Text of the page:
A stamp is a metal that is moved up and down by a battering arm, pulverizing ores that are fed into it. They were mechanically operated machines that were used to crush ores by pounding till they extract the desired ore.
Gold pans and sluice boxes were necessary tools for the placer miner, but they were of little use in the large mines. Gold veins were locked up in rock, and ores needed to be grinded up to separate out the gold. While there have been other crude tools used to grind ore over the centuries, it was the use of the stamp mill that changed everything.
One of the earliest users were miners from Persia. The use of the stamp mills was also evident in most Islamic states in Spain and Africa. Although they were different than the more modern stamp design, they achieved the same effect.
The early miners that arrived during the California Gold Rush mostly focused on the rich and easy-to-mine placer deposits in creeks and rivers, but as the years went on it was evident that there was a lot more gold hidden in those mountains.
There was a huge demand for metals such as gold and silver, this powered the need for the improved stamp mills. The miners specifically liked them because they could pound the minerals into very fine powder thus enabling gravity concentration.
Stamp milling process especially that which involved gold mining had to have zero contact with grease or oil as the stamp fell into the stamp die, such a situation could be hazardous as the fine gold would be lost in the separation process.
They generally operated by the stamp being lifted by the camshaft, it would then fall down by means of gravity onto the stamp die. The ore would be brought to the mill by a ore car using a winch, it would then be gratted by a metal grate known as a grizzy into fine and coarse material.The finer material would move to the ore chute while the larger pebbles would be directed to the ore crusher till they are crushed into fine gravel.
The stamp battery worked by compressing the ore and by the abrasion of the rocks as they reacted to the impact of the stamp. Once the ore was turned into smaller particles it was then mixed with water, salt and mercury and crushed further by rotating iron plates. This would continue until it turned into a slurry or slime substance.
A mercury coated copper table would then be used to evenly spread the slurry. At this stage, gold would adhere to the mercury through the process of amalgamation while the other impurities would move to a shaking and vibrating table called the concentration table.
This table was designed to ensure that any gold remaining in the sand would be recovered. Later on, the gold and the mercury would be scrapped off the table and separated through chamois and retort process. These two process would be repeated till all the gold has been removed.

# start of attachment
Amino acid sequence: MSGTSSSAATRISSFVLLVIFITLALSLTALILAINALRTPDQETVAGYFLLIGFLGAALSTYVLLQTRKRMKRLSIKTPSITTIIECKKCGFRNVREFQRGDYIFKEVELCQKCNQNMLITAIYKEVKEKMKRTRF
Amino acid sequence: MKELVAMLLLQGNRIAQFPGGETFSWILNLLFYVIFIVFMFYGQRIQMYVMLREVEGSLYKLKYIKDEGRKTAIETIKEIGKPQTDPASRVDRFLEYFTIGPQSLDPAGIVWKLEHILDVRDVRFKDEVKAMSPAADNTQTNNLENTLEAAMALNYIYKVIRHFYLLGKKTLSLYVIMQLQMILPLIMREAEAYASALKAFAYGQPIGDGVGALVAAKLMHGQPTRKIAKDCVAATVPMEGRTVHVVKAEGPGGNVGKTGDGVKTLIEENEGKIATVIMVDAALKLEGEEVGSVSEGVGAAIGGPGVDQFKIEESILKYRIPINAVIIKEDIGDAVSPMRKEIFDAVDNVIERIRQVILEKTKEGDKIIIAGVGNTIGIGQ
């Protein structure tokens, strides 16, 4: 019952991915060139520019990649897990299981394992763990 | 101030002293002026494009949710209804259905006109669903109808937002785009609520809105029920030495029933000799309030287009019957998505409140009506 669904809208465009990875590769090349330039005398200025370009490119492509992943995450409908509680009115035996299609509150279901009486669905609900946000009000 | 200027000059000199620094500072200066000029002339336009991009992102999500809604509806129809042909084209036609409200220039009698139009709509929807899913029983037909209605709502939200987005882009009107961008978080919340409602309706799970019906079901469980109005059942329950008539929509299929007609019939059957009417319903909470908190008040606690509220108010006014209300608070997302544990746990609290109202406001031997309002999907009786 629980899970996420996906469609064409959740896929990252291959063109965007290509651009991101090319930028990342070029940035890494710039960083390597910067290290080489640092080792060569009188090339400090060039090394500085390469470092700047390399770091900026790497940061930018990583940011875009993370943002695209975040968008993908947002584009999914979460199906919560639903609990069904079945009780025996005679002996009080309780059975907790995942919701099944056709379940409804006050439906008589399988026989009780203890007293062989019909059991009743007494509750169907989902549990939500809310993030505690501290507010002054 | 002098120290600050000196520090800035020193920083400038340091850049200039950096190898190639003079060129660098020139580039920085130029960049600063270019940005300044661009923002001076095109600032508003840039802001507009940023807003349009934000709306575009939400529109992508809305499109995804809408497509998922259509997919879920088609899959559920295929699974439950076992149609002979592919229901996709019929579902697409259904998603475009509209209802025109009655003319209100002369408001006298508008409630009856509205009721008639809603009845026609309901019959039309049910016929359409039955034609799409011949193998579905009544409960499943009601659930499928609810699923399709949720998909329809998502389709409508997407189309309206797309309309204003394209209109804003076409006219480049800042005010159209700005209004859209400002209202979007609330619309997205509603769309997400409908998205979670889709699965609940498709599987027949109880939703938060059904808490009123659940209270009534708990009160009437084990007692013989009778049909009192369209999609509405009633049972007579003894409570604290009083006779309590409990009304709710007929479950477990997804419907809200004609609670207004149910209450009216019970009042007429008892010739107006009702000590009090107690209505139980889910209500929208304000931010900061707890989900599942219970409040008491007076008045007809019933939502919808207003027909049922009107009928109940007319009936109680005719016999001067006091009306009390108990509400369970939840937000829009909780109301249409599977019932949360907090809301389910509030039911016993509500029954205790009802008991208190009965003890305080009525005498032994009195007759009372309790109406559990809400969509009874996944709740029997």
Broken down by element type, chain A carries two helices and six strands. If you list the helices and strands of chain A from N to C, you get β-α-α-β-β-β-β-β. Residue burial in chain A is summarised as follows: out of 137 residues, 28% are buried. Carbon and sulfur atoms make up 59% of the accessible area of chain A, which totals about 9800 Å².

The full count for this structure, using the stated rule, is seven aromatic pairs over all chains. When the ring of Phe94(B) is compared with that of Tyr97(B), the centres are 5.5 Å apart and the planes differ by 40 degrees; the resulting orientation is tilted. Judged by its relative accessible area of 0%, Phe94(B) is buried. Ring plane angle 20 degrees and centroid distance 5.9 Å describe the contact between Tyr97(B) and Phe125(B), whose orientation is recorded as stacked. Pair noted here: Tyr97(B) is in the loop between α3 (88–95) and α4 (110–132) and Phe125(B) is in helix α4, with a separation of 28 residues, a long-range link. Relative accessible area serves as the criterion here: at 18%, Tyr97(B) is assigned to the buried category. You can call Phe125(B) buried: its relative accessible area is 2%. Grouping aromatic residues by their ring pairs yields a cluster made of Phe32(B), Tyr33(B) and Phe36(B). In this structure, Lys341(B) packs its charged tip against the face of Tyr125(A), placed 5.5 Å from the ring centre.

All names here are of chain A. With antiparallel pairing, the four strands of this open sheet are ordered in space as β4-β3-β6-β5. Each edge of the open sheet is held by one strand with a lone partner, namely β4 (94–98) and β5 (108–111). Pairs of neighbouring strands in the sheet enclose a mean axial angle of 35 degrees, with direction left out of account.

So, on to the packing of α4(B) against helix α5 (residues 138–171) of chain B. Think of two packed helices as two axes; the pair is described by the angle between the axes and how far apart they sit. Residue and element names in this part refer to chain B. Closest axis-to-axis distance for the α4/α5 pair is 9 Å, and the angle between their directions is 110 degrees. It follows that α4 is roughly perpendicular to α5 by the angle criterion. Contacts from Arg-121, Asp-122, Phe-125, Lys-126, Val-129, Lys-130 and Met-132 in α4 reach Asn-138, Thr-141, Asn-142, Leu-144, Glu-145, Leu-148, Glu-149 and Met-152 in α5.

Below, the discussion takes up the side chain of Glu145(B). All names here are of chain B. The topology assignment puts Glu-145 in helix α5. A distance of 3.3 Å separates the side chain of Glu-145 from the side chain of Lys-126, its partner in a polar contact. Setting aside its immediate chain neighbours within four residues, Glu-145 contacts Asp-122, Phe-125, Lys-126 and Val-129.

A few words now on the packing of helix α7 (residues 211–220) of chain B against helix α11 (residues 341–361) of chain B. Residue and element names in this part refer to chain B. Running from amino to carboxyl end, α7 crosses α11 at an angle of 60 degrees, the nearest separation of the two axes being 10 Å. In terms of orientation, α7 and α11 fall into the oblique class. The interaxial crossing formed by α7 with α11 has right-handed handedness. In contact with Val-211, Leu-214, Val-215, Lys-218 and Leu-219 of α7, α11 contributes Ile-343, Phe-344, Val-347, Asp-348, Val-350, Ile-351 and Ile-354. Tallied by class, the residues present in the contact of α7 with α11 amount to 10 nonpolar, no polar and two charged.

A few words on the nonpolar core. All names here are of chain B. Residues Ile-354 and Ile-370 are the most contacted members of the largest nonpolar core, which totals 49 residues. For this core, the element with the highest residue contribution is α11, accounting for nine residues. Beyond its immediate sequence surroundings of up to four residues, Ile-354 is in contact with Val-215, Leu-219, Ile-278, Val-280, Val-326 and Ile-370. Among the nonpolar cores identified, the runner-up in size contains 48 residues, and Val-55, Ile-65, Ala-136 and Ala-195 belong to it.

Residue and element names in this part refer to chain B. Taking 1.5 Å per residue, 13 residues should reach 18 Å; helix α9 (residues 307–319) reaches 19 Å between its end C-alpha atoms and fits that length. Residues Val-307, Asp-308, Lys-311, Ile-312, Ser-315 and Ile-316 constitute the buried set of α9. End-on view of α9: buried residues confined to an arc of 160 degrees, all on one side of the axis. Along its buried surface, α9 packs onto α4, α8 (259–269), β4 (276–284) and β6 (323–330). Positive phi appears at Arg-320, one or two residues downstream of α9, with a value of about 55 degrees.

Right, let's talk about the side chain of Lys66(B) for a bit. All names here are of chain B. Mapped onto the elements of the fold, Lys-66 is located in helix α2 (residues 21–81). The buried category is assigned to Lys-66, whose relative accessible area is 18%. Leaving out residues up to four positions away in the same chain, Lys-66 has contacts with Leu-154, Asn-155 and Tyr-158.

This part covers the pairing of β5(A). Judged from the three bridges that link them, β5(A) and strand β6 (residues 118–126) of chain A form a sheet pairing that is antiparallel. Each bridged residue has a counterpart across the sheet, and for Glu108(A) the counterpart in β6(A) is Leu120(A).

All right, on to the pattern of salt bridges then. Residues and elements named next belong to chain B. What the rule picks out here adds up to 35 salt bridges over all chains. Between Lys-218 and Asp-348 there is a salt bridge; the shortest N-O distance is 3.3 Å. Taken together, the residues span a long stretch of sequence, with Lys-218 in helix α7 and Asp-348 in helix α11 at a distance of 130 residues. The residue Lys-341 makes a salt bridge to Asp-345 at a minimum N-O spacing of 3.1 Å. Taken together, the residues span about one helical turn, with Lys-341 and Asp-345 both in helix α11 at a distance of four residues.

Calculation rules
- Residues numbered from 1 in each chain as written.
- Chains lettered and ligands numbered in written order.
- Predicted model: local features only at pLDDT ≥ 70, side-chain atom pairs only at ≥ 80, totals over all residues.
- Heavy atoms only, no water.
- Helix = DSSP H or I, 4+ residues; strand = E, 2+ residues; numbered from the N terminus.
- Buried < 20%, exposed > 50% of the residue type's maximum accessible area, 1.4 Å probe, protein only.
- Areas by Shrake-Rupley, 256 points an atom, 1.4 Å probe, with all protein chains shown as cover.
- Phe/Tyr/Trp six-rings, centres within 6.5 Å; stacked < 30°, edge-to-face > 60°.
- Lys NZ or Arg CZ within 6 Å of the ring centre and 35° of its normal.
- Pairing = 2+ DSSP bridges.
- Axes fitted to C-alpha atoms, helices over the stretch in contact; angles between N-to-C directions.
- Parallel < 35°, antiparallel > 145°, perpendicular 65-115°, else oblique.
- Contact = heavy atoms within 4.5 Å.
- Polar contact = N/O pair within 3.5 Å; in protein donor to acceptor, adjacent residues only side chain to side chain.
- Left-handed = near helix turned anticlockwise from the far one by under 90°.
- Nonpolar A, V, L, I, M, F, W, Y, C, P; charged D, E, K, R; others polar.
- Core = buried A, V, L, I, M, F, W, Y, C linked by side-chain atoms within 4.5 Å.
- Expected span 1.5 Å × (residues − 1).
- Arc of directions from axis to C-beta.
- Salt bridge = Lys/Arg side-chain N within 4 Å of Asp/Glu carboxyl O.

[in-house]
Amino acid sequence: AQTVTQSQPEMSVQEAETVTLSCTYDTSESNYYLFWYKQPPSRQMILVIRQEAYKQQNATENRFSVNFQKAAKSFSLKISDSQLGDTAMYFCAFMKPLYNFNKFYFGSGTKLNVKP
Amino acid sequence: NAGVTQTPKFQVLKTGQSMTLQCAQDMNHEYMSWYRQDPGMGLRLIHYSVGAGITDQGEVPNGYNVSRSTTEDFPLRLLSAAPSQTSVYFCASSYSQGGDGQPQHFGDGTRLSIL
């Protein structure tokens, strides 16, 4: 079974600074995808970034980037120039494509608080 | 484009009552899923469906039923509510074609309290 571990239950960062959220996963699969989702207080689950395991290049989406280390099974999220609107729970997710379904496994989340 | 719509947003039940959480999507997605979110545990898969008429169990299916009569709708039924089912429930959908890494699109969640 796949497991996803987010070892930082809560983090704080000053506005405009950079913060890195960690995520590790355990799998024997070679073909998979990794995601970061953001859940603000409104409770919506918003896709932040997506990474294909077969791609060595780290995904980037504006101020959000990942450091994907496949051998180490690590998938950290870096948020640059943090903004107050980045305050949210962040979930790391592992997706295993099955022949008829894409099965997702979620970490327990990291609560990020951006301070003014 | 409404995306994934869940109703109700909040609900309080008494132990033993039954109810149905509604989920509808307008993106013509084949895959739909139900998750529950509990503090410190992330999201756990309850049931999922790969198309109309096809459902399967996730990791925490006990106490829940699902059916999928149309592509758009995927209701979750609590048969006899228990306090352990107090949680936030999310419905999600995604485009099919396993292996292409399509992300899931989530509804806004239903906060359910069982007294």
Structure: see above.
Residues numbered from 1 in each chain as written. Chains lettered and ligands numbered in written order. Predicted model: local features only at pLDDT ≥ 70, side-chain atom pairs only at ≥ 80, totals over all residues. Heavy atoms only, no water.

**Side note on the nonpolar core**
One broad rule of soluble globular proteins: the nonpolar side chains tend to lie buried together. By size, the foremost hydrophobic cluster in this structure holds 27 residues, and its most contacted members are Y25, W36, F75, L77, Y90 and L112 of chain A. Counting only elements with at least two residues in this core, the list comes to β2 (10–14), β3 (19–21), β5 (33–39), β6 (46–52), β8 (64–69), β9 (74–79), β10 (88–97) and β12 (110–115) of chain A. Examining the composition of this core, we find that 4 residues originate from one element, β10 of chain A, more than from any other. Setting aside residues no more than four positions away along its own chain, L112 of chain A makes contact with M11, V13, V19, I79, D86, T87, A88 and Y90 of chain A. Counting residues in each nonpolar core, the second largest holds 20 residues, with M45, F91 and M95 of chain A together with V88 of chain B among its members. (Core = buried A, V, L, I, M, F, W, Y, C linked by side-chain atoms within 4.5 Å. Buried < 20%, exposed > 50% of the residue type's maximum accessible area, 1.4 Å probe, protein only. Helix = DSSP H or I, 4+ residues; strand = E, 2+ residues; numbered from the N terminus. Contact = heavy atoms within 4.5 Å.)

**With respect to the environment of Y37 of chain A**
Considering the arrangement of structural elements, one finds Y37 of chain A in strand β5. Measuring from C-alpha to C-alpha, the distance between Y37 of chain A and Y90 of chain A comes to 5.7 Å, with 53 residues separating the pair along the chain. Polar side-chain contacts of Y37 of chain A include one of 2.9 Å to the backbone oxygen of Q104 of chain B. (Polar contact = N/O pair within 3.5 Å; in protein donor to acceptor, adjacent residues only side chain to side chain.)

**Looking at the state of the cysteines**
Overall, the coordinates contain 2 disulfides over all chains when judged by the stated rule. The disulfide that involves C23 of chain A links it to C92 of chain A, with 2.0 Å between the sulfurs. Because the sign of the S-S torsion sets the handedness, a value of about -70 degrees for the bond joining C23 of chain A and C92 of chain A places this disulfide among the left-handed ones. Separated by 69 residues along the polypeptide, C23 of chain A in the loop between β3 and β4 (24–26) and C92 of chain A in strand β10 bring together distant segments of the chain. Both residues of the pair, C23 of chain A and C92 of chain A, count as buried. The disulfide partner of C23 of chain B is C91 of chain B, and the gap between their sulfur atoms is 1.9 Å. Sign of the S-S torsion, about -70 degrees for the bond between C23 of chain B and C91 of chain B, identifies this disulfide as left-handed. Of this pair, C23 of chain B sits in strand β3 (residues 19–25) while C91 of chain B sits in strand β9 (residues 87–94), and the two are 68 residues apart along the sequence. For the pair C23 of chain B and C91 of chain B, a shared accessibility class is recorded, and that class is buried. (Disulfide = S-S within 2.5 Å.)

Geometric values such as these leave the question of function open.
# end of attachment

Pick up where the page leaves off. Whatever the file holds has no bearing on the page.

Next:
Several stamps were used on a stamp mill. Single stamps, 3-stamp, 5-stamp, and even 20-stamp mills were in operation at some of the larger mines. As mines grew larger and extracted more ores, the need for bigger stamping operations was evident. It was common for successful mines to upgrade their equipment throughout the years.
Bringing these stamps into remote gold mines was no small task. These were big, massively heavy pieces of iron. Even when they were deconstructed they were still heavy and needed to be brought in piece-by-piece to remote gold mines. The cost was immense, which is one reason that so many mines failed even though they had rich ores. Stamping was an added cost just like any other.
Stamp mills were large and cumbersome tools, but they were an absolute necessity for the hard rock miners. While it was possible to crush ores using more rudimentary methods, the mechanized process used with stamp mills meant that large quantities of rock could be pulverized.
The stamp mill was the big gold machine of its day. By 1850 in California all of the rivers and streams had been picked clean of placer gold. It didnt take long for miners to follow the gold deep into the Sierras steep valleys to snow white quartz outcroppings. They soon realized the gold trapped within these veins could produce thousands of ounces of gold and thus began hard rock or lode mining. Stamps mills were an efficient way to crush the rock into powder and thus free even fine particles of gold. Stamp Mill manufactures went into production all over California funded by east coast old money.
Today hundreds of these glorious machines still exist throughout California. Many stamp mills have been rescued from obscurity in the deep forest and restored in museums but many still stand in their original glory. Each slowly fading back into the earth as mother nature commands, withstanding decades of icy winters and blazing forest fires.Get in Touch with Mechanic